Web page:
How different was the experience from what you initially expected?
I'll be 100 percent honest: I didn’t think it was going to be as hard as it was. Not to say I went in thinking it was going to be easy, but I kind of went in there thinking, you know, you do what you do, you see what happens. Which is the philosophy that I had the whole time: Just cook your food and relax. But these challenges and how good everybody was ... when you’re the chef of your own kitchen, you think your s--- doesn’t stink. You get into a room full of these men and women and you’re like, wow. There’s nine other people just as good as I am.
Did you make good friends among the other "rivals"?
We’re all friends now. There was nobody that didn’t get along. Well, Caz and Ming had a little ... arm wrestle, I guess you could say? But for the most part, everybody really got along. I had heard of some of them, but had never actually met any of them before the show. We’ve had little mini New York reunions. I’m hoping that this can actually lead to some type of food festival we can have every year.
What was your favorite dish that you prepared throughout the competition? Least favorite?
My favorite dish, just because it came so out of nowhere, was the deep-fried root beer [during the fair challenge]. I’d never done anything like that nor do I think I ever really will. The fact that it was so well received, and to be honest, I never would have thought that would taste good. Another cool part about it was I made it, I fried it and I tasted it. At that point that was all I was going to do, but it didn’t taste right, so then I added a root beer reduction and cotton candy and all this stuff. So it kind of evolved in that hour and ended up being one of the judges' favorite things of the day. That was cool.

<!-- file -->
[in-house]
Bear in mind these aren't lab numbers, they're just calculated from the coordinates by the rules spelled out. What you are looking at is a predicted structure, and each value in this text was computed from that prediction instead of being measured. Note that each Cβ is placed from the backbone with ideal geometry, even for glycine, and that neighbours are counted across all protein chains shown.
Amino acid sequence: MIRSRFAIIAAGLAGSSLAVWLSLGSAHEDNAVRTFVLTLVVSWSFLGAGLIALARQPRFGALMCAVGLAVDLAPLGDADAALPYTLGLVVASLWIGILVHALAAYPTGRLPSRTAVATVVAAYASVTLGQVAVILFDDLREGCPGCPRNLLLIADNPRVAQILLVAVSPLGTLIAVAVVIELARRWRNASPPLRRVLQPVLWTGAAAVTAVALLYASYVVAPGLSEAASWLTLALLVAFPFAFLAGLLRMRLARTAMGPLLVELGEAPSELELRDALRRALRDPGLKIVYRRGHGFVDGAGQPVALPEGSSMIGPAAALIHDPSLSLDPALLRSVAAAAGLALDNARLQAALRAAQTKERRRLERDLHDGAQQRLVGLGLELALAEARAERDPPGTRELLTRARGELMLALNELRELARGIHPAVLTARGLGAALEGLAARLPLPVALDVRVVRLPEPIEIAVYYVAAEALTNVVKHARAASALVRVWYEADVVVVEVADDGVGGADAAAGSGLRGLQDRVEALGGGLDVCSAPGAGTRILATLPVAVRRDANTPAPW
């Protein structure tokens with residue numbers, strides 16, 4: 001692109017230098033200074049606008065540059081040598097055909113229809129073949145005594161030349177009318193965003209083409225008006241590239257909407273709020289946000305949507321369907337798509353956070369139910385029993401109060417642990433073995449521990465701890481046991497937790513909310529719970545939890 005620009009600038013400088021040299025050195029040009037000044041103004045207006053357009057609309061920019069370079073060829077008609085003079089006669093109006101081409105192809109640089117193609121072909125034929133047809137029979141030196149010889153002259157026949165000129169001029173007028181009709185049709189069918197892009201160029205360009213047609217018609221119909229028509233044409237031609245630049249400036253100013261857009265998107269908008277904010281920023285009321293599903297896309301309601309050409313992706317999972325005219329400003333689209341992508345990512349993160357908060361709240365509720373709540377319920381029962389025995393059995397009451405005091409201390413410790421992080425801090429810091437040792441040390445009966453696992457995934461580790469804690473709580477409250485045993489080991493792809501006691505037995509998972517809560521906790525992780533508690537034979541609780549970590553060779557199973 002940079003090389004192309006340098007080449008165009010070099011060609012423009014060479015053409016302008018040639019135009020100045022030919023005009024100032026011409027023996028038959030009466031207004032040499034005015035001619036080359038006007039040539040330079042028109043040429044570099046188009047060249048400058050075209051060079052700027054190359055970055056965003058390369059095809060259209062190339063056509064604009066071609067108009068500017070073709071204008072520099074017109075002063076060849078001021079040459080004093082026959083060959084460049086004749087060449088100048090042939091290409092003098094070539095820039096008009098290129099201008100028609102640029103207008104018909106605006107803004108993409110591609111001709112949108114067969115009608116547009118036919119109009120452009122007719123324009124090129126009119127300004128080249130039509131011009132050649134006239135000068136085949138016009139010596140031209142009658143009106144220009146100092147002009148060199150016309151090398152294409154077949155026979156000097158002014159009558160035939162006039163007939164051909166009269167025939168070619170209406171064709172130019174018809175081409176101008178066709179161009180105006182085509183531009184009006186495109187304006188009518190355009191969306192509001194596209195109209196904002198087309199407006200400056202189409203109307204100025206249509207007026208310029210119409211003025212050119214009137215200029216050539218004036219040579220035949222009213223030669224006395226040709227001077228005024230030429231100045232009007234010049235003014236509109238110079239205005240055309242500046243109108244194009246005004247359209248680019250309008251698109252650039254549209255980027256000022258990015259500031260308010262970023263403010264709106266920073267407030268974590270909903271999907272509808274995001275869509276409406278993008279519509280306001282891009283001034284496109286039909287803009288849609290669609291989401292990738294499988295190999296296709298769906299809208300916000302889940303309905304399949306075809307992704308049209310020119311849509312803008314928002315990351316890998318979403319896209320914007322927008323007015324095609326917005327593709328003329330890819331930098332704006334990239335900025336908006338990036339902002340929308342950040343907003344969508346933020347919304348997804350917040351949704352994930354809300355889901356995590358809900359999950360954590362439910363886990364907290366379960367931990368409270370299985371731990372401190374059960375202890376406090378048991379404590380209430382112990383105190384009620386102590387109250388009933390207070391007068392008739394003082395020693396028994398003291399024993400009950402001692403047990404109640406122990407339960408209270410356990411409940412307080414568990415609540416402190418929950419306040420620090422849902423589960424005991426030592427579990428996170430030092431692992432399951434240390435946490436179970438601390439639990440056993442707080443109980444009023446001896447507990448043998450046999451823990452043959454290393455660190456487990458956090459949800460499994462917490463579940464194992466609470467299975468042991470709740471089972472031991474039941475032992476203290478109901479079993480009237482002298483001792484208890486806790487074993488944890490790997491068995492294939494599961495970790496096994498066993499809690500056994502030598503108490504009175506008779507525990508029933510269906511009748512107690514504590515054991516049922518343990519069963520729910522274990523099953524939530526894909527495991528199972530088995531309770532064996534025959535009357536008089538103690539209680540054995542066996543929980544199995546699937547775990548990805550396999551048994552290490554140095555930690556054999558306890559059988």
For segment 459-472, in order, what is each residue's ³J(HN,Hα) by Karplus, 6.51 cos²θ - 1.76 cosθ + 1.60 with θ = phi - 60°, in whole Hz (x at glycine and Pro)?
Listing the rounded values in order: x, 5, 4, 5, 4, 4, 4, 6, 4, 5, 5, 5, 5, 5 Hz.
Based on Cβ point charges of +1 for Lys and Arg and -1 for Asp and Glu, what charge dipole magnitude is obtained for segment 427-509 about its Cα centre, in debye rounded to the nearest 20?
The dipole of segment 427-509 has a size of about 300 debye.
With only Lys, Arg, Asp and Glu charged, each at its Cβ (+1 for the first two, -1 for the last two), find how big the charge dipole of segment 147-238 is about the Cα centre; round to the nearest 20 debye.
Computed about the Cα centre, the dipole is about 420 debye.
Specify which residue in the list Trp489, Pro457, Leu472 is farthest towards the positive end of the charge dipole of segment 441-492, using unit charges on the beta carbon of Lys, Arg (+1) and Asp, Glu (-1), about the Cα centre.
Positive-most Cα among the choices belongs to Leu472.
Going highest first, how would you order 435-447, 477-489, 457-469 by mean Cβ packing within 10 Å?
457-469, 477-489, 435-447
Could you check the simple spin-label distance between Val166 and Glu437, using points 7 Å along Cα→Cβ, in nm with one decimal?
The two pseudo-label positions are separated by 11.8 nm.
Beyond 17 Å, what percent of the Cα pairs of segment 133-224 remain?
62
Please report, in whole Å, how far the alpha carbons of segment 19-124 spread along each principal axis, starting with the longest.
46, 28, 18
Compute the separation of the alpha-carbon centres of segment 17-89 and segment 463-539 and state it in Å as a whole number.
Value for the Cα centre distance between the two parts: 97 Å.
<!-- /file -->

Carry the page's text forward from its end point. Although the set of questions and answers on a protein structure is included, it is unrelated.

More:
Least favorite, there’s a couple actually. There was a fish dish that I did when we did North, South, East and West. For some strange reason, I don’t know why, I pre-cooked it. I didn't pre-cook any of the fish throughout the entire battle. I think it was because I had a couple minutes to spare, I just threw the thing in the fryer and completely overcooked it. I wasn’t crazy about the hamburger, which they didn’t like. Other than that, I was pretty excited about everything.